His success is entwined with contemporary India’s story of growth

One hundred international hundreds. Say it aloud. Slowly. And then think of where it puts Sachin Tendulkar — prodigious, peerless, generation-straddling poster boy of a sport that defines the world's most populous democracy — in cricket's pantheon. Soumya Bhattacharya writes. A-Z of Tendulkar

india Updated: Mar 17, 2012 01:15 IST
Soumya Bhattacharya
Soumya Bhattacharya
Hindustan Times
Sachin Tendulkar . Soumya Bhattacharya,hindustan times,news

One hundred international hundreds. Say it aloud. Slowly. And then think of where it puts Sachin Tendulkar — prodigious, peerless, generation-straddling poster boy of a sport that defines the world's most populous democracy — in cricket's pantheon.

No one, in the highly competitive cauldron of international cricket, has been remotely near where Tendulkar has now reached. Ricky Ponting and Jacques Kallis, two legends of the modern game, are his closest pursuers. Ponting has 71 international hundreds; Kallis has 59. It is safe to say that neither will be able to overtake Tendulkar. This record --- like Sir Don Bradman's Test average of 99.94 --- is one that will remain unconquered for as long as the game is played.

One can argue that the hundredth international hundred is a mere statistic; that Tendulkar's greatness is in no way staked on it (as Bradman's wasn't on achieving a Test average of 100). But it's not merely about this particular record. This feat has just as much to do with who Tendulkar is, and what he means to India.

With Tendulkar, timing has been important. In a way, his career has something to do with when he came along, and how his life became entwined with contemporary India's story of growth, hope and change, and its recent and desperate need for self-congratulation and chest-thumping. He arrived in international cricket as the economy was being opened up, and India was beginning its journey towards becoming a global economic powerhouse. When he appeared, India was beginning to give birth to a new, affluent, urban middle class. Tendulkar, 16 years old at the time, exceptionally gifted and incredibly mature, quickly began to embody all the qualities that this new class treasured.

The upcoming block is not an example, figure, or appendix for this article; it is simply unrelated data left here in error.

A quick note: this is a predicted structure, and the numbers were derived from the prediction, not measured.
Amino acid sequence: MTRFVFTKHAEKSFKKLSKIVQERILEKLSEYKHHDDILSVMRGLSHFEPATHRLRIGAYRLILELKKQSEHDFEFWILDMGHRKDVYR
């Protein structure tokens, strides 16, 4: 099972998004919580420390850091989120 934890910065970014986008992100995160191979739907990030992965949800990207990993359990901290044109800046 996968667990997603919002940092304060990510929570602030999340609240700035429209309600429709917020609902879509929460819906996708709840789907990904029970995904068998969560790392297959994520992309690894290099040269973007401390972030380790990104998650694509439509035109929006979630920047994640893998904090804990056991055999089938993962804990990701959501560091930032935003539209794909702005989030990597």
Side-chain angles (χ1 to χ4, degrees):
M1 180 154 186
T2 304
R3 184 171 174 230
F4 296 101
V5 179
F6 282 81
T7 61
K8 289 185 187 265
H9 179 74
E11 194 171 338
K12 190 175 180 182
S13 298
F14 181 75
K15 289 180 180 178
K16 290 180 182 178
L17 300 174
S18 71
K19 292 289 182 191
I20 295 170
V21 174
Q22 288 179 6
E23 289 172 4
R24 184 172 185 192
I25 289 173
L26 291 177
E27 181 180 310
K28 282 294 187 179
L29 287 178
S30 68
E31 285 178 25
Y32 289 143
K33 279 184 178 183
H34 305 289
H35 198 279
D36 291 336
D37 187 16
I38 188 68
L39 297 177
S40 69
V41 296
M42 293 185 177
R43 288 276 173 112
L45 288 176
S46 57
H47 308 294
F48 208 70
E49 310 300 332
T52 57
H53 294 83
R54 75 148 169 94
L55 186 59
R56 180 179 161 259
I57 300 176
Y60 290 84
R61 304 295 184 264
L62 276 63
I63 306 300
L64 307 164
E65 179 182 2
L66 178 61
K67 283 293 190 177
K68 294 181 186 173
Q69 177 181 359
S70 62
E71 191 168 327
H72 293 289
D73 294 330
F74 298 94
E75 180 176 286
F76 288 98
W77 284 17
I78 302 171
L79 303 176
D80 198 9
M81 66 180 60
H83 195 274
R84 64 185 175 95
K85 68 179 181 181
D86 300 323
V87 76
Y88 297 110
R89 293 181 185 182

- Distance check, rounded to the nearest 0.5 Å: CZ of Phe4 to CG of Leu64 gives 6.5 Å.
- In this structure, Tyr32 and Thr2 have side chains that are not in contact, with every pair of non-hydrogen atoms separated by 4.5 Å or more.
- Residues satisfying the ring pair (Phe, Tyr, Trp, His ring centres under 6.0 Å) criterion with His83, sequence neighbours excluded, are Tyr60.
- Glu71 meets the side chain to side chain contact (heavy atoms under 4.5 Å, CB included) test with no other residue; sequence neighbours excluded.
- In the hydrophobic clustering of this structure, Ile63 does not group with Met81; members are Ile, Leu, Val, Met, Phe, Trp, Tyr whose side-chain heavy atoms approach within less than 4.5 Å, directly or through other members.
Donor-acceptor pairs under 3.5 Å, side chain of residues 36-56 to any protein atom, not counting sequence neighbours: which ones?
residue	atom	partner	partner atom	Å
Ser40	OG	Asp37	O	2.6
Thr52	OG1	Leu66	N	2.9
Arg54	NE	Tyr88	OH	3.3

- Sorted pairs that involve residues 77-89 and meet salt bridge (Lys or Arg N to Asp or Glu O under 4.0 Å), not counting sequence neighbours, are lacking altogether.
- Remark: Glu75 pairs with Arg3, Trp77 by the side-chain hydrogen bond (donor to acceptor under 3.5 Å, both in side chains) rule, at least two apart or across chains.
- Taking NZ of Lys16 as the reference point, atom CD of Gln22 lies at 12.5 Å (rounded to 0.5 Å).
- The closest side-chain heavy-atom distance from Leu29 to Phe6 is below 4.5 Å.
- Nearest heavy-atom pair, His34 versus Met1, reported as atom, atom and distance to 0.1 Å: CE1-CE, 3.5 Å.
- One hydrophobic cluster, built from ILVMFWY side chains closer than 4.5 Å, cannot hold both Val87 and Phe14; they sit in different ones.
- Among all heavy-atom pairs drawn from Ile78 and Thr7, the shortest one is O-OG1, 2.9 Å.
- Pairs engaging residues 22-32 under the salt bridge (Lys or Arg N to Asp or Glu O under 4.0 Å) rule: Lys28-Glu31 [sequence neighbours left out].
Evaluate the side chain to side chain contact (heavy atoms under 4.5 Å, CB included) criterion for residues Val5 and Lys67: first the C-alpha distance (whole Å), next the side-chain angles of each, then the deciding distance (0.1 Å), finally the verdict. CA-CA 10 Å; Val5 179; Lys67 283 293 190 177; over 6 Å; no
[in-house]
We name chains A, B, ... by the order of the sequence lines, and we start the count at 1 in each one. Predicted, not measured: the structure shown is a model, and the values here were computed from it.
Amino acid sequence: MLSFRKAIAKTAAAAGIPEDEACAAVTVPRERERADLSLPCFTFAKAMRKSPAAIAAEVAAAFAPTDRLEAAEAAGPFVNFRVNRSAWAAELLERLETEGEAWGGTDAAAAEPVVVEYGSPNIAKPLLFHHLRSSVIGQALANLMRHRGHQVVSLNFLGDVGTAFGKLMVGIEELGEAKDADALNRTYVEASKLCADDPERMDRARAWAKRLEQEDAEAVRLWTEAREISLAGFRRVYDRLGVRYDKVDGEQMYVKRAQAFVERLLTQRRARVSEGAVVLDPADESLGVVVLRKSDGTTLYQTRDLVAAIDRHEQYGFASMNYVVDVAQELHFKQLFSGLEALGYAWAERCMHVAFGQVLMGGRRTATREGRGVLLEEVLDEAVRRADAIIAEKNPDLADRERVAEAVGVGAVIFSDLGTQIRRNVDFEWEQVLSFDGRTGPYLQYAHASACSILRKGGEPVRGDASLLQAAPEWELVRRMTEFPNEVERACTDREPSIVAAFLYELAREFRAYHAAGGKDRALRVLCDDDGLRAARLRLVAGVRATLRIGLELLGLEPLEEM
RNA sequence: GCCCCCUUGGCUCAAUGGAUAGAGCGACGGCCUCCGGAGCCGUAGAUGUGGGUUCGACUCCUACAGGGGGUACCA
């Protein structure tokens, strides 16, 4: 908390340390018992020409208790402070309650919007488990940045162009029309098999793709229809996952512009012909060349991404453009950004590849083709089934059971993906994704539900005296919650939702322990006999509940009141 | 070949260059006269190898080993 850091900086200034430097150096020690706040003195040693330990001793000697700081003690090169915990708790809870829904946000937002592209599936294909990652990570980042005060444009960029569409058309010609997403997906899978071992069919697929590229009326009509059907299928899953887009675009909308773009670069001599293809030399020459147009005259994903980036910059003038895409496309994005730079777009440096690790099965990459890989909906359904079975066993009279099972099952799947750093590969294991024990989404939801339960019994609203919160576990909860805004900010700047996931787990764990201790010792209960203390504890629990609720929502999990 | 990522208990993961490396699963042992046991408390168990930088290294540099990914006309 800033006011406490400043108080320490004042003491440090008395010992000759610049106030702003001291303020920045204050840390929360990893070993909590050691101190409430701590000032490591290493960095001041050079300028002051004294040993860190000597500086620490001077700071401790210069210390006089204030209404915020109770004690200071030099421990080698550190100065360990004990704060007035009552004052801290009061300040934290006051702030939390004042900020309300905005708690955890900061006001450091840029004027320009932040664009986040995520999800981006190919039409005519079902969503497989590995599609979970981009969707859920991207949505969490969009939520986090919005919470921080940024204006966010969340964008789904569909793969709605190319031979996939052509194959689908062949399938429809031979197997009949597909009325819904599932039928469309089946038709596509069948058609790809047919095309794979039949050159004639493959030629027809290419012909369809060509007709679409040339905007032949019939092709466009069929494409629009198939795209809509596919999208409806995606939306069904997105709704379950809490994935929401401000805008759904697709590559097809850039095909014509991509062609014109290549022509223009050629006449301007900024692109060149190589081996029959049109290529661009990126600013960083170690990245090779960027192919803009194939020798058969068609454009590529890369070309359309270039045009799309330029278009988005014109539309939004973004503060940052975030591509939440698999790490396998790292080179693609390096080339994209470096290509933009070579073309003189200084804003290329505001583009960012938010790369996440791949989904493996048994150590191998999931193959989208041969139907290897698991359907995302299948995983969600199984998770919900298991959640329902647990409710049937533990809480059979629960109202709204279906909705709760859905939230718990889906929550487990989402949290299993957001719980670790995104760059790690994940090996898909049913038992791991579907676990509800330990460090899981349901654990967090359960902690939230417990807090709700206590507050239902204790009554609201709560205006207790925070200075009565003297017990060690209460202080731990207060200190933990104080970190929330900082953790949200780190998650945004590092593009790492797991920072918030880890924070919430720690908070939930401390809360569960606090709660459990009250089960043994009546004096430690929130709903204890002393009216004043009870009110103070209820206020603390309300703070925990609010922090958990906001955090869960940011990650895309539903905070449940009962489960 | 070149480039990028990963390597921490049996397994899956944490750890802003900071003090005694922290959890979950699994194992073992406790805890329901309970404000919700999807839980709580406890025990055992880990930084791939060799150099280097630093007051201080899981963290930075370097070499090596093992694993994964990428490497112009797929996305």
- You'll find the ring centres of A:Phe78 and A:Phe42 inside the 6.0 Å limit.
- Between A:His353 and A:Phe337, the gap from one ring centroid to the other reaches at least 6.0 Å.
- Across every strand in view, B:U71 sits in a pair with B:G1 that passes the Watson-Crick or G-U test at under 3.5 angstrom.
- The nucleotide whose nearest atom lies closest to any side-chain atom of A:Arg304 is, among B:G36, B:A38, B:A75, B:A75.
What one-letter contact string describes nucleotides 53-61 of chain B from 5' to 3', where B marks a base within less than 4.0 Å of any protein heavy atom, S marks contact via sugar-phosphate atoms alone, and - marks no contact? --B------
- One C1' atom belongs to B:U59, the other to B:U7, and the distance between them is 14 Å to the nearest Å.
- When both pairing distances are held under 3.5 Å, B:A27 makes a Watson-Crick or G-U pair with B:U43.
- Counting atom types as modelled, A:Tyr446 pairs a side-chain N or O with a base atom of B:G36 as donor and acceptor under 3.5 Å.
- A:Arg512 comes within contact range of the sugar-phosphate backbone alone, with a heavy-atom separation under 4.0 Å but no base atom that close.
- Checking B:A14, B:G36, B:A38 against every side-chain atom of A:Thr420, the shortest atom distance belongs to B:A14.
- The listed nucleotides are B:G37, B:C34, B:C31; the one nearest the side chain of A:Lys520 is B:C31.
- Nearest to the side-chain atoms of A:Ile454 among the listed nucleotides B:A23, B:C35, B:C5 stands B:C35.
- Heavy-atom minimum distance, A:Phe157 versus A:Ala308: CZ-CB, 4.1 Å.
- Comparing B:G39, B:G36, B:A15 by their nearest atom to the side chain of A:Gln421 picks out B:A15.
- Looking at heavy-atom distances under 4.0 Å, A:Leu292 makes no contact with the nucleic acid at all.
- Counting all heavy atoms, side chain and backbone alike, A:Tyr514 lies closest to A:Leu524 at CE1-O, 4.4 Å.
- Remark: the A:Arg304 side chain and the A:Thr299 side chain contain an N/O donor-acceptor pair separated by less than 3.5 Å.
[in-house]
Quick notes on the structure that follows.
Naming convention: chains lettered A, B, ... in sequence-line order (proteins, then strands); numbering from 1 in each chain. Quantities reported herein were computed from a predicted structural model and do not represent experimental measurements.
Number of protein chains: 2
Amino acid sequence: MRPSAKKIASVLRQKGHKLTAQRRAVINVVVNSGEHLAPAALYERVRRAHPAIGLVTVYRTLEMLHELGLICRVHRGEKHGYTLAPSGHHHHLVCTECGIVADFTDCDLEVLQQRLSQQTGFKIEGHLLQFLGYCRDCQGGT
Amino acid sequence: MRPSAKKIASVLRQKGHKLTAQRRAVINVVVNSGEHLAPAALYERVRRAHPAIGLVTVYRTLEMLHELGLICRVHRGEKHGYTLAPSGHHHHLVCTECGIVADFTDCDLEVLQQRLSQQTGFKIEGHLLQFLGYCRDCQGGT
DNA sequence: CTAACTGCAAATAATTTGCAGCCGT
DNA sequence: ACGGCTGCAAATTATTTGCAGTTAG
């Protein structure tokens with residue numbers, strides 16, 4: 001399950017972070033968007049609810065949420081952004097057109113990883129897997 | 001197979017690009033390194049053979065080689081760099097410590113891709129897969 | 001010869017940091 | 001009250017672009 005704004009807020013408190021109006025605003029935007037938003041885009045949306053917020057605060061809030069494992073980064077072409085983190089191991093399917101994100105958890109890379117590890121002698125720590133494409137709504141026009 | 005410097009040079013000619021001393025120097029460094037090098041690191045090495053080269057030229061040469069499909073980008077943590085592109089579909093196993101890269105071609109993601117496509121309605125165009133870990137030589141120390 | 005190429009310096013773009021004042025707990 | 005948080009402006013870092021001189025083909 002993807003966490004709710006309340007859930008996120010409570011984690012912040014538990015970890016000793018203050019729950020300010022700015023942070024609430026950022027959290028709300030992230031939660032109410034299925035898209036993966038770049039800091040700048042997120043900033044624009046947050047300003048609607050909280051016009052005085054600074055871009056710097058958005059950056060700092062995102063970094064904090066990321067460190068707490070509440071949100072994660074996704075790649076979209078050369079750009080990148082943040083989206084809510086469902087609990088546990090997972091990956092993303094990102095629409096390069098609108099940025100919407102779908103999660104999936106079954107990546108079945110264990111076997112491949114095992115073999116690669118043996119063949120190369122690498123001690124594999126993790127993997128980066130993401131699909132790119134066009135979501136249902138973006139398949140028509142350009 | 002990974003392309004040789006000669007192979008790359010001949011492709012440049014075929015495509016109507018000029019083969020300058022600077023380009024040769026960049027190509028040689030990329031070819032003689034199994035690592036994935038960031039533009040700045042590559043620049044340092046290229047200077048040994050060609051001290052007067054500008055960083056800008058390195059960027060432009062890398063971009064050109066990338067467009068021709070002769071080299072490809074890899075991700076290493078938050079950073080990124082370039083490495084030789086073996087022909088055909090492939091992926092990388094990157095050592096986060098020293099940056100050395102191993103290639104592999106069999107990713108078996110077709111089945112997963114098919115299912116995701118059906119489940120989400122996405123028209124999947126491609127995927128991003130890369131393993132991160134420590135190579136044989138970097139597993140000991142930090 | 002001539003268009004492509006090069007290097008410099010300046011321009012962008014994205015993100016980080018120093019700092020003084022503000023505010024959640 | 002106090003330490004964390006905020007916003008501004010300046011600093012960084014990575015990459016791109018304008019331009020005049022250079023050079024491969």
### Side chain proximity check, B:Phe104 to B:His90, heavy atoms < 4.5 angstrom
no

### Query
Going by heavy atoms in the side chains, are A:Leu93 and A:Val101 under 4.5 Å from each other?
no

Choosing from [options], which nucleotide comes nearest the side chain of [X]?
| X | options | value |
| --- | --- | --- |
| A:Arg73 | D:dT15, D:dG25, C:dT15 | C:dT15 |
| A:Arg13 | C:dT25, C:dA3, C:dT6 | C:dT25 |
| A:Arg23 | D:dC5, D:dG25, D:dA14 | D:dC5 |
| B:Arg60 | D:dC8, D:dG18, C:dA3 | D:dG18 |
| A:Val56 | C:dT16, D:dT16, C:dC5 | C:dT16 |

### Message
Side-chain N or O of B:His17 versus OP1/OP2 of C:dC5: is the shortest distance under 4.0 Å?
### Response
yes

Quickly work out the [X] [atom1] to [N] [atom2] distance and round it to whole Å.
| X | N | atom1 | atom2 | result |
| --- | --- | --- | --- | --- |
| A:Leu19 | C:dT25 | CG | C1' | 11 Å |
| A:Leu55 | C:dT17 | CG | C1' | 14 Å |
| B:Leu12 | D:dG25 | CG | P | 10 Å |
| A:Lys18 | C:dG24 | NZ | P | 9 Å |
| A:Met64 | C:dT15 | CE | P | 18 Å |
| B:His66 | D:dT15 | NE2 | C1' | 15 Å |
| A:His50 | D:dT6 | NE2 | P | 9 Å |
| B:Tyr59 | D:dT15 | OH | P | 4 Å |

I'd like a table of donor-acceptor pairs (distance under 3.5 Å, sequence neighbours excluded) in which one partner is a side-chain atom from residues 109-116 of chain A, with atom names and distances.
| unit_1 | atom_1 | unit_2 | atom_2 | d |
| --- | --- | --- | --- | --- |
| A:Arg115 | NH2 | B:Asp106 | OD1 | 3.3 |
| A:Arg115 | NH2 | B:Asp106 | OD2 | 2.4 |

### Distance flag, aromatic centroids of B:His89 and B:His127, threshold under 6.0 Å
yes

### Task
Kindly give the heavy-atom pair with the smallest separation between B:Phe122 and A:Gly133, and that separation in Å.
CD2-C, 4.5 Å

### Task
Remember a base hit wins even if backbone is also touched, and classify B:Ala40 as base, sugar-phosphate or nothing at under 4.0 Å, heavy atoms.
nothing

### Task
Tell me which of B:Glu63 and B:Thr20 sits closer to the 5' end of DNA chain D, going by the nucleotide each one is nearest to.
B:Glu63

He was a world-beater, a global citizen; he was smart, he dressed well, he drove sexy cars; he was, above all, a self-made man. And the money he earned: huge sums, unthinkable ones, more than anyone had ever made before him. He was Indian sport's first global brand.

As cultural critic and author Mike Marqusee has written: "The intensity of the Tendulkar cult is about much more than just cricket. Unwittingly and unwillingly, he has found himself at the epicentre of a rapidly evolving popular culture shaped by the intertwined growth of a consumerist middle class and an increasingly aggressive form of national identity."